Hetalia: Axis Powers, Volume 6Hetalia: Axis Powers, Volume 6 by Hidekaz Himaruya. Perhaps by this point I should no longer be surprised, but I always seem to unexpectedly learn something new whenever I read Hetalia. Sometimes it’s a historical tidbit, and sometimes it’s actually something more closely related to current events. This particular volume of Hetalia features micronations and Molossia makes an appearance among several others. (I had never even heard of Molossia before, and it’s in Nevada!) The Nordic states are also an important part of the sixth volume, which includes Iceland. (Ever since writing a report on Iceland in the sixth grade, I’ve always been interested in and fond of the country, so I did get a kick out of that.) Often the humor in Hetalia does require some familiarity with or prior knowledge of world history and politics to really appreciate it, so in the process of trying to make sense of some of the jokes I find that I’m learning about all sorts of interesting things. Admittedly, Hetalia frequently makes use of stereotypes as part of its gags, which some people may find offensive and has generated a fair amount of controversy.

Manga Giveaway: Battle Angel Alita Giveaway Winner

Battle Angel Alita: Last Order, Omnibus 1And the winner of the Battle Angel Alita Giveaway is…Anna-neko!

As the winner, Anna-neko will be receiving the first omnibus in Kodansha Comics’ release of Battle Angel Alita: Last Order by Yukito Kishiro. The omnibus collects the first three volumes of the series as well as additional stories by Kishiro. The titular Alita is a kick-ass cyborg, and I have a particular fondness for cyborgs, so I asked those entering the giveaway to tell me a little about their favorite cyborgs from manga. Check out the Battle Angel Alita Giveaway comments for all of the details, and check out the list of some of the manga available in English that feature cyborgs below!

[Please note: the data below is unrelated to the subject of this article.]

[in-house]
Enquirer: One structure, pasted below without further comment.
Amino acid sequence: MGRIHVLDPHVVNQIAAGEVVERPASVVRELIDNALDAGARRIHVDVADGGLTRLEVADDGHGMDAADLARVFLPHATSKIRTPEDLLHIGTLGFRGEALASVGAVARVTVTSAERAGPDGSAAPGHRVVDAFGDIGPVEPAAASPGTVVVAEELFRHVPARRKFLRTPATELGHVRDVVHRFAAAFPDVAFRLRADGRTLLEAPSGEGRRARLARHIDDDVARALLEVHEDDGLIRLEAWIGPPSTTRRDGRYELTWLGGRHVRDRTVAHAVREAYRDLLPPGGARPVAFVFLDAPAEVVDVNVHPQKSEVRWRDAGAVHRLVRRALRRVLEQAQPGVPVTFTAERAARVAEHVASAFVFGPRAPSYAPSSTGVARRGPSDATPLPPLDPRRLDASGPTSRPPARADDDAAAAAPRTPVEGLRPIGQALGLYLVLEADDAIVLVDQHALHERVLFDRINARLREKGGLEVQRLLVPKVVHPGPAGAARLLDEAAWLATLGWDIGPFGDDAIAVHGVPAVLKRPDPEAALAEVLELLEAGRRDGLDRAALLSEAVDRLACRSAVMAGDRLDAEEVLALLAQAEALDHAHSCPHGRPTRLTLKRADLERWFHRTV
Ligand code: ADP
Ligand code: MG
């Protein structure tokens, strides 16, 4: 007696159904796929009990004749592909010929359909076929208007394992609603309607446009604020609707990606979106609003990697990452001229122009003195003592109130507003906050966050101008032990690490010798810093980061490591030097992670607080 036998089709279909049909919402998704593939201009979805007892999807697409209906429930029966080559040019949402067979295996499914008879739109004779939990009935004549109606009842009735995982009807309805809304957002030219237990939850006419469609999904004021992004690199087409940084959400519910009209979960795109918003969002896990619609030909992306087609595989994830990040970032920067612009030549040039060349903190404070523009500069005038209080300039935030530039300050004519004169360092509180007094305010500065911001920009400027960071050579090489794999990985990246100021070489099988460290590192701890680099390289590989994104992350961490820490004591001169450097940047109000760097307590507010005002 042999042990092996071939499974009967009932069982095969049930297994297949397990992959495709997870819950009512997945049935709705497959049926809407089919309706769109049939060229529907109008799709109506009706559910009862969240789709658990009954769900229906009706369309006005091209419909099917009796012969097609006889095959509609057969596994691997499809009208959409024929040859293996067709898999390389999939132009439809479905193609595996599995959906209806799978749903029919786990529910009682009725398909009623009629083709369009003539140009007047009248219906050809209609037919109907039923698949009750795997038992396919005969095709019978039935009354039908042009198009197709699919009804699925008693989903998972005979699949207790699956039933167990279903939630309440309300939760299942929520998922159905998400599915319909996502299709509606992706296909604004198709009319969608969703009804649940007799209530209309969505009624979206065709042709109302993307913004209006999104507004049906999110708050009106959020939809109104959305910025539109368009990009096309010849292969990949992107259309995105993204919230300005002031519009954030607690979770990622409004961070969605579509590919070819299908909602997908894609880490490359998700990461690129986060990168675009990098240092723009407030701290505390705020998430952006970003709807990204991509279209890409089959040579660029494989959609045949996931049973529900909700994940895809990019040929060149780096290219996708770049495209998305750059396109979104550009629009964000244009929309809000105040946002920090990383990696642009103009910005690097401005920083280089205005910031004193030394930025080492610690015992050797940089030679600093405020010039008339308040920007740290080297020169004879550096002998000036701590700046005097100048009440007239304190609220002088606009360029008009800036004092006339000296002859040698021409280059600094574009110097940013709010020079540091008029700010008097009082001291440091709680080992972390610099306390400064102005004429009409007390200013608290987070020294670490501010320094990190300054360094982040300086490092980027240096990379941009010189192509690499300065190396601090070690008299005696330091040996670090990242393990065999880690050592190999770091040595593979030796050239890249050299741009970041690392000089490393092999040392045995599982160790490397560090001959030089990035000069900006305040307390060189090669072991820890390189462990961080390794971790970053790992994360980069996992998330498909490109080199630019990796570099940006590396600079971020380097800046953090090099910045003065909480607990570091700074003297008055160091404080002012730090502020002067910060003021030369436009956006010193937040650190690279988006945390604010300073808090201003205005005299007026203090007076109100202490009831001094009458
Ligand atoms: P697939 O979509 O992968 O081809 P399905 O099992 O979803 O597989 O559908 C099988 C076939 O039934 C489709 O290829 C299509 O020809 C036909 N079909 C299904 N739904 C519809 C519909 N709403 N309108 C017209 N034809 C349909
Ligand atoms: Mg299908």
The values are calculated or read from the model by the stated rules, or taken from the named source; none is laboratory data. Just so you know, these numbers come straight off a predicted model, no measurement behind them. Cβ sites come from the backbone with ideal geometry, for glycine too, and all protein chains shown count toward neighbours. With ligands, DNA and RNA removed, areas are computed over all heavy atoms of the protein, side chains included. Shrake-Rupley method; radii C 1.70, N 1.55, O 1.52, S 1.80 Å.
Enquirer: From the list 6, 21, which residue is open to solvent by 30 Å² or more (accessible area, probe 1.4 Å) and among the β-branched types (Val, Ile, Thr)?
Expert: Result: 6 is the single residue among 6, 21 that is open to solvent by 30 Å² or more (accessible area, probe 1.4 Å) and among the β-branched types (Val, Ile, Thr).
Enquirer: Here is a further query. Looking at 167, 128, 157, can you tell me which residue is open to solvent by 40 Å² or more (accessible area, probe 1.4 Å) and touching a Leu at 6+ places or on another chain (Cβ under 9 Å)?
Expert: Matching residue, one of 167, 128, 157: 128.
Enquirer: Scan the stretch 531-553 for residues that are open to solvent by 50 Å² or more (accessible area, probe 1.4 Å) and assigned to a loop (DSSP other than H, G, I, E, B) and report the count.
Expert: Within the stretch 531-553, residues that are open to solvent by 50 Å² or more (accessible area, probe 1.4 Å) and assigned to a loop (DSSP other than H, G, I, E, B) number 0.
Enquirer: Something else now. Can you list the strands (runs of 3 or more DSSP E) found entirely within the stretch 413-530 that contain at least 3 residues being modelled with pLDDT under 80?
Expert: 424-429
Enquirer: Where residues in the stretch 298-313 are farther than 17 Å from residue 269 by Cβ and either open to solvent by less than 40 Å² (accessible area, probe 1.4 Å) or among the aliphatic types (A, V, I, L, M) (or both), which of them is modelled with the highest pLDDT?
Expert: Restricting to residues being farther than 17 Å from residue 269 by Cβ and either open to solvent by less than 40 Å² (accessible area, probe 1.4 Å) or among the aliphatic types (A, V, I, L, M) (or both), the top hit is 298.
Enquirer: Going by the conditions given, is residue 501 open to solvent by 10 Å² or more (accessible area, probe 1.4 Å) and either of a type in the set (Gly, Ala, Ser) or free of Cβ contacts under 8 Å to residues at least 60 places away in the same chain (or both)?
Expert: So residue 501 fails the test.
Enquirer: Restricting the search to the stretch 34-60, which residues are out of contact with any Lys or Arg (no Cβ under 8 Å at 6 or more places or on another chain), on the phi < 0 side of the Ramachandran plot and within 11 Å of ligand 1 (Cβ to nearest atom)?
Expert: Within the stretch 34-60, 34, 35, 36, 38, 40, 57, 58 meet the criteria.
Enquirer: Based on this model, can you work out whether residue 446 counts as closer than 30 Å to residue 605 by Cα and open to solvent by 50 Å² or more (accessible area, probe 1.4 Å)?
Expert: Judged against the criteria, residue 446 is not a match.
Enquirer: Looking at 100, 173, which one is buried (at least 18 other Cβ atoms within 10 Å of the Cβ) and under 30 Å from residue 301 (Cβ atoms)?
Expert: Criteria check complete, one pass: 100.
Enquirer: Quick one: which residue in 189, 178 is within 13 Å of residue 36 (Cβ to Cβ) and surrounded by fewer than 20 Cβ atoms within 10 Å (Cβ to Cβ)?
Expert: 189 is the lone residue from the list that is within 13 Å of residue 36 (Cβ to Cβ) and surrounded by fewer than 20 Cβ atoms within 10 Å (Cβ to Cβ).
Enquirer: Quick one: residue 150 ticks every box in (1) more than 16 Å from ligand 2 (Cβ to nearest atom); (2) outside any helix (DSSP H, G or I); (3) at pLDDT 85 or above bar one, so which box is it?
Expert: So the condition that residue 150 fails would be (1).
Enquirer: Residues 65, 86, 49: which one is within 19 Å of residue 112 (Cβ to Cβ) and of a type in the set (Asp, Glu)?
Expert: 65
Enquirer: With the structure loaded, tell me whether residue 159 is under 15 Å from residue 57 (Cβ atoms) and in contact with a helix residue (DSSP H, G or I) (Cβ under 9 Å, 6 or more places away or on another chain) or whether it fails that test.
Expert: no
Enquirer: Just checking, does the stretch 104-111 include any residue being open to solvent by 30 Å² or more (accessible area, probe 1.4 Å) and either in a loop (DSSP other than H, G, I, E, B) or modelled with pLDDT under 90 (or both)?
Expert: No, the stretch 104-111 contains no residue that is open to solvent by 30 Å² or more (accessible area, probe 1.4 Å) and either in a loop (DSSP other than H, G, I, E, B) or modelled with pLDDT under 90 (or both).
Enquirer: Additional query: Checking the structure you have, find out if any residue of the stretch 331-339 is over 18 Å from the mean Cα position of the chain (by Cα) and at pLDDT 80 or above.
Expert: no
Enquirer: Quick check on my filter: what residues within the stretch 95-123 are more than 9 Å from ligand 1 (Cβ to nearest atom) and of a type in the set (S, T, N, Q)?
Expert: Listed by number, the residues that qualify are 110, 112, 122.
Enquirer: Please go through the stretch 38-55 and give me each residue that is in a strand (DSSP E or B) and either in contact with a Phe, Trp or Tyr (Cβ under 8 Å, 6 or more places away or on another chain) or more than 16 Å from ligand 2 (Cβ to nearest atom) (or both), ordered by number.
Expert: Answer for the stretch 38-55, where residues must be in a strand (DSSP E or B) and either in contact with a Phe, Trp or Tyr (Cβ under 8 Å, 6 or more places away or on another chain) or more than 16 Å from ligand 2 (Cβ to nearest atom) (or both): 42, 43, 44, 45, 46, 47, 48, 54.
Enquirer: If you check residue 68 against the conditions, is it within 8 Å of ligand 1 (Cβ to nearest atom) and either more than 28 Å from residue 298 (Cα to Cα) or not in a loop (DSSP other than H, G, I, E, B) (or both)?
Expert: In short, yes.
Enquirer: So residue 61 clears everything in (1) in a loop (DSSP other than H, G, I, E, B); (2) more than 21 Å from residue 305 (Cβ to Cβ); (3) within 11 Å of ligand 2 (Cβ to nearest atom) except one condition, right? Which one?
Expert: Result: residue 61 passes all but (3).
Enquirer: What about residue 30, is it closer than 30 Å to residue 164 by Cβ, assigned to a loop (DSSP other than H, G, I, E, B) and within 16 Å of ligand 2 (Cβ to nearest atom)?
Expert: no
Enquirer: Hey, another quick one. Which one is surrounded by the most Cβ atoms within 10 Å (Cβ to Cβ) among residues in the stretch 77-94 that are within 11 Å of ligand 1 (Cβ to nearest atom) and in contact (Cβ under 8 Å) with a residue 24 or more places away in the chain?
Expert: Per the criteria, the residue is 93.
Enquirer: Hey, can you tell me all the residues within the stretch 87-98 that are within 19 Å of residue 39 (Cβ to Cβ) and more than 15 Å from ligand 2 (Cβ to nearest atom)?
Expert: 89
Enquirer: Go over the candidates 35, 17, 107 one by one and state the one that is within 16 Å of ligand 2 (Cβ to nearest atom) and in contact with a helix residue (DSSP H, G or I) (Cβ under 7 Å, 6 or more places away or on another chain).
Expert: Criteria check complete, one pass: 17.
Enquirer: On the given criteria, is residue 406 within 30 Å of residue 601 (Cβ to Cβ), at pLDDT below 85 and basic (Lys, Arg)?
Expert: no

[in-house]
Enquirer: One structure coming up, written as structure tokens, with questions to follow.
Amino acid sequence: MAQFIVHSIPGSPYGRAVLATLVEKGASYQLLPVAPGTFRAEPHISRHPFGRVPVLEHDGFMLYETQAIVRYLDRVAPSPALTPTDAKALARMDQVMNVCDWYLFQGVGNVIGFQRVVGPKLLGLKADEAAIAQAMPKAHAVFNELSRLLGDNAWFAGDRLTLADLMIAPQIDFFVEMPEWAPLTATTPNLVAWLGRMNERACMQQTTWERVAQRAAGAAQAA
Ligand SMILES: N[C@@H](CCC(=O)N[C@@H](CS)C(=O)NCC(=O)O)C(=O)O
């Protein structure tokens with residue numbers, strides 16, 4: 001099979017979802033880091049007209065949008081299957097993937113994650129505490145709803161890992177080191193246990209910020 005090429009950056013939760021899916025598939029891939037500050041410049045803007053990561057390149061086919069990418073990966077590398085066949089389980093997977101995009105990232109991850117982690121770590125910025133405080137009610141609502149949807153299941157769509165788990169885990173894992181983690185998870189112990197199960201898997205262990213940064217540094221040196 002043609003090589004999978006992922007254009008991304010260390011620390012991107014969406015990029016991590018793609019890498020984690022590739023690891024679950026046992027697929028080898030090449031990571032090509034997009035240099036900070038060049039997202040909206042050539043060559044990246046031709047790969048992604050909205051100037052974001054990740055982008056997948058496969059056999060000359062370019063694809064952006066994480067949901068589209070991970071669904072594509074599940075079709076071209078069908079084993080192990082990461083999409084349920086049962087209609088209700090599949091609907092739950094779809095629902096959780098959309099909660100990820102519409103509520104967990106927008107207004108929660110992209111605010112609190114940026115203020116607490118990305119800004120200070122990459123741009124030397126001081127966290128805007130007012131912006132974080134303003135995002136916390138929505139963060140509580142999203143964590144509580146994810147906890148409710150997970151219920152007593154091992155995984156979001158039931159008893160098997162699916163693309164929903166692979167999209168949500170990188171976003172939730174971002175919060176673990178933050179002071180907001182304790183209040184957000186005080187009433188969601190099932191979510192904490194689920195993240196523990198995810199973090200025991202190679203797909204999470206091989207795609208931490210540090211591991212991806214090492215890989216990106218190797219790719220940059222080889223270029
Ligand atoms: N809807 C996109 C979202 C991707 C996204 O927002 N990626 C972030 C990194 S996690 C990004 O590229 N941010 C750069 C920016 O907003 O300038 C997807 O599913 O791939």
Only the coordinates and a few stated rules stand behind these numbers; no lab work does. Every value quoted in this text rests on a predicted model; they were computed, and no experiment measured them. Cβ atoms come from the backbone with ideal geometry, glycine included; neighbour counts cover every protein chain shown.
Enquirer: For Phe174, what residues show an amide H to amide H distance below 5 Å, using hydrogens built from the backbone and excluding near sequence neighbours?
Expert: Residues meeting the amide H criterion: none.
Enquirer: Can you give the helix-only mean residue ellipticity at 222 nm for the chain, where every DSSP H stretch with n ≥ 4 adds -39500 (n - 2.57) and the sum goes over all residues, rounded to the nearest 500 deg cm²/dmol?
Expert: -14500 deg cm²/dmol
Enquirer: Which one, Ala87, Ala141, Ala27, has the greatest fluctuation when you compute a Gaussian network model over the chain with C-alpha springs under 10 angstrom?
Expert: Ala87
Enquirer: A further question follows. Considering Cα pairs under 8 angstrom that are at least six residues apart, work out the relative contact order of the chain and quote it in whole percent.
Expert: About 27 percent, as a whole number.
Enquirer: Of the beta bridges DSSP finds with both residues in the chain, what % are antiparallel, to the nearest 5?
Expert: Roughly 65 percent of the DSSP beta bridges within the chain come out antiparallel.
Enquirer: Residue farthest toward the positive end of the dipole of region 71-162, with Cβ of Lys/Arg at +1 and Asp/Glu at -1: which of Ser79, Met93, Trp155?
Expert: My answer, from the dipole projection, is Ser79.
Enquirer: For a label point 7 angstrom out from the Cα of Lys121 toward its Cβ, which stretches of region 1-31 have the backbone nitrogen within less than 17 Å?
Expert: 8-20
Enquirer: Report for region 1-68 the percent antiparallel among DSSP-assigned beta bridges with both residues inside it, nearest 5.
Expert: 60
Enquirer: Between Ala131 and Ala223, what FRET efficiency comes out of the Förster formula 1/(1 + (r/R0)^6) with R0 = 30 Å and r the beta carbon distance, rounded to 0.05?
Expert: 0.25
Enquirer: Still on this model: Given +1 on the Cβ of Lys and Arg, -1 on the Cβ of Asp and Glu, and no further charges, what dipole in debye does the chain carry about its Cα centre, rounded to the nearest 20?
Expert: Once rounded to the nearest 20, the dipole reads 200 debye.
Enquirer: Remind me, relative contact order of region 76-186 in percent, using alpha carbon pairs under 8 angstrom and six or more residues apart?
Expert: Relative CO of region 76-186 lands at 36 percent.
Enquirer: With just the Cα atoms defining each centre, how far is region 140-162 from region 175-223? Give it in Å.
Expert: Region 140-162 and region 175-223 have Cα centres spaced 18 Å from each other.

Cyborg manga in English:
Appleseed by Masamune Shirow
Ashen Victor by Yukito Kishiro
Battle Angel Alita by Yukito Kishiro
Battle Angel Alita: Last Order by Yukito Kishiro
Blame! by Tsutomu Nihei
B’t X by Masami Kurumada
Cyborg 009 by Shotaro Ishinomori
Cowboy Bebop by Yutaka Nanten
Cowboy Bebop: Shooting Star by Cain Kuga
Descendents of Darkness by Yoko Matsushita
Eden: It’s an Endless World by Hiroki Endo
Ghost in the Shell by Masamune Shirow
Ghost in the Shell: Stand Alone Complex by Yu Kinutani
Gunslinger Girl by Yu Aida
Heavy Metal Warrior Xenon by Masaomi Kanzaki
Kamen Rider by Shotaro Ishinomori
Knights of Sidonia by Tsutomu Nihei
Madara written by Eiji Otsuka and illustrated by Shou Tajima
Made in Heaven written by Ami Sakurai and illustrated by Yukari Yashiki
Mardock Scramble by Yoshitoki Oima.
One-Punch Man written by ONE and illustrated by Yusuke Murata
Star Wars: Return of the Jedi by Sin-ichi Hiromoto
Trigun by Yasuhiro Nightow
Trinity Blood written by Sunao Yoshida and illustrated by Kiyo Kyujyō
Vassalord by Nanae Chrono
The World of Narue by Tomohiro Marukawa

Thank you to everyone who participated in the giveaway and shared a bit about their favorite cyborgs from manga. I hope to see you all again for the next giveaway, too!

Manga Giveaway: Battle Angel Alita Giveaway

Perhaps because March follows the shortest month of the year it seems to have lasted a particularly long time for me. Granted, that feeling may attributed to how incredibly busy I’ve been recently. Regardless, the end of March is almost here, which means it’s time for another manga giveaway! This month you’ll all have the chance to win the first omnibus in Yukito Kishiro’s Battle Angel Alita: Last Order as published by Kodansha Comics. The omnibus collects the first three volumes of the series as well as additional stories by Kishiro not previously released in English. As always, the giveaway is open worldwide!

Battle Angel Alita: Last Order, Omnibus 1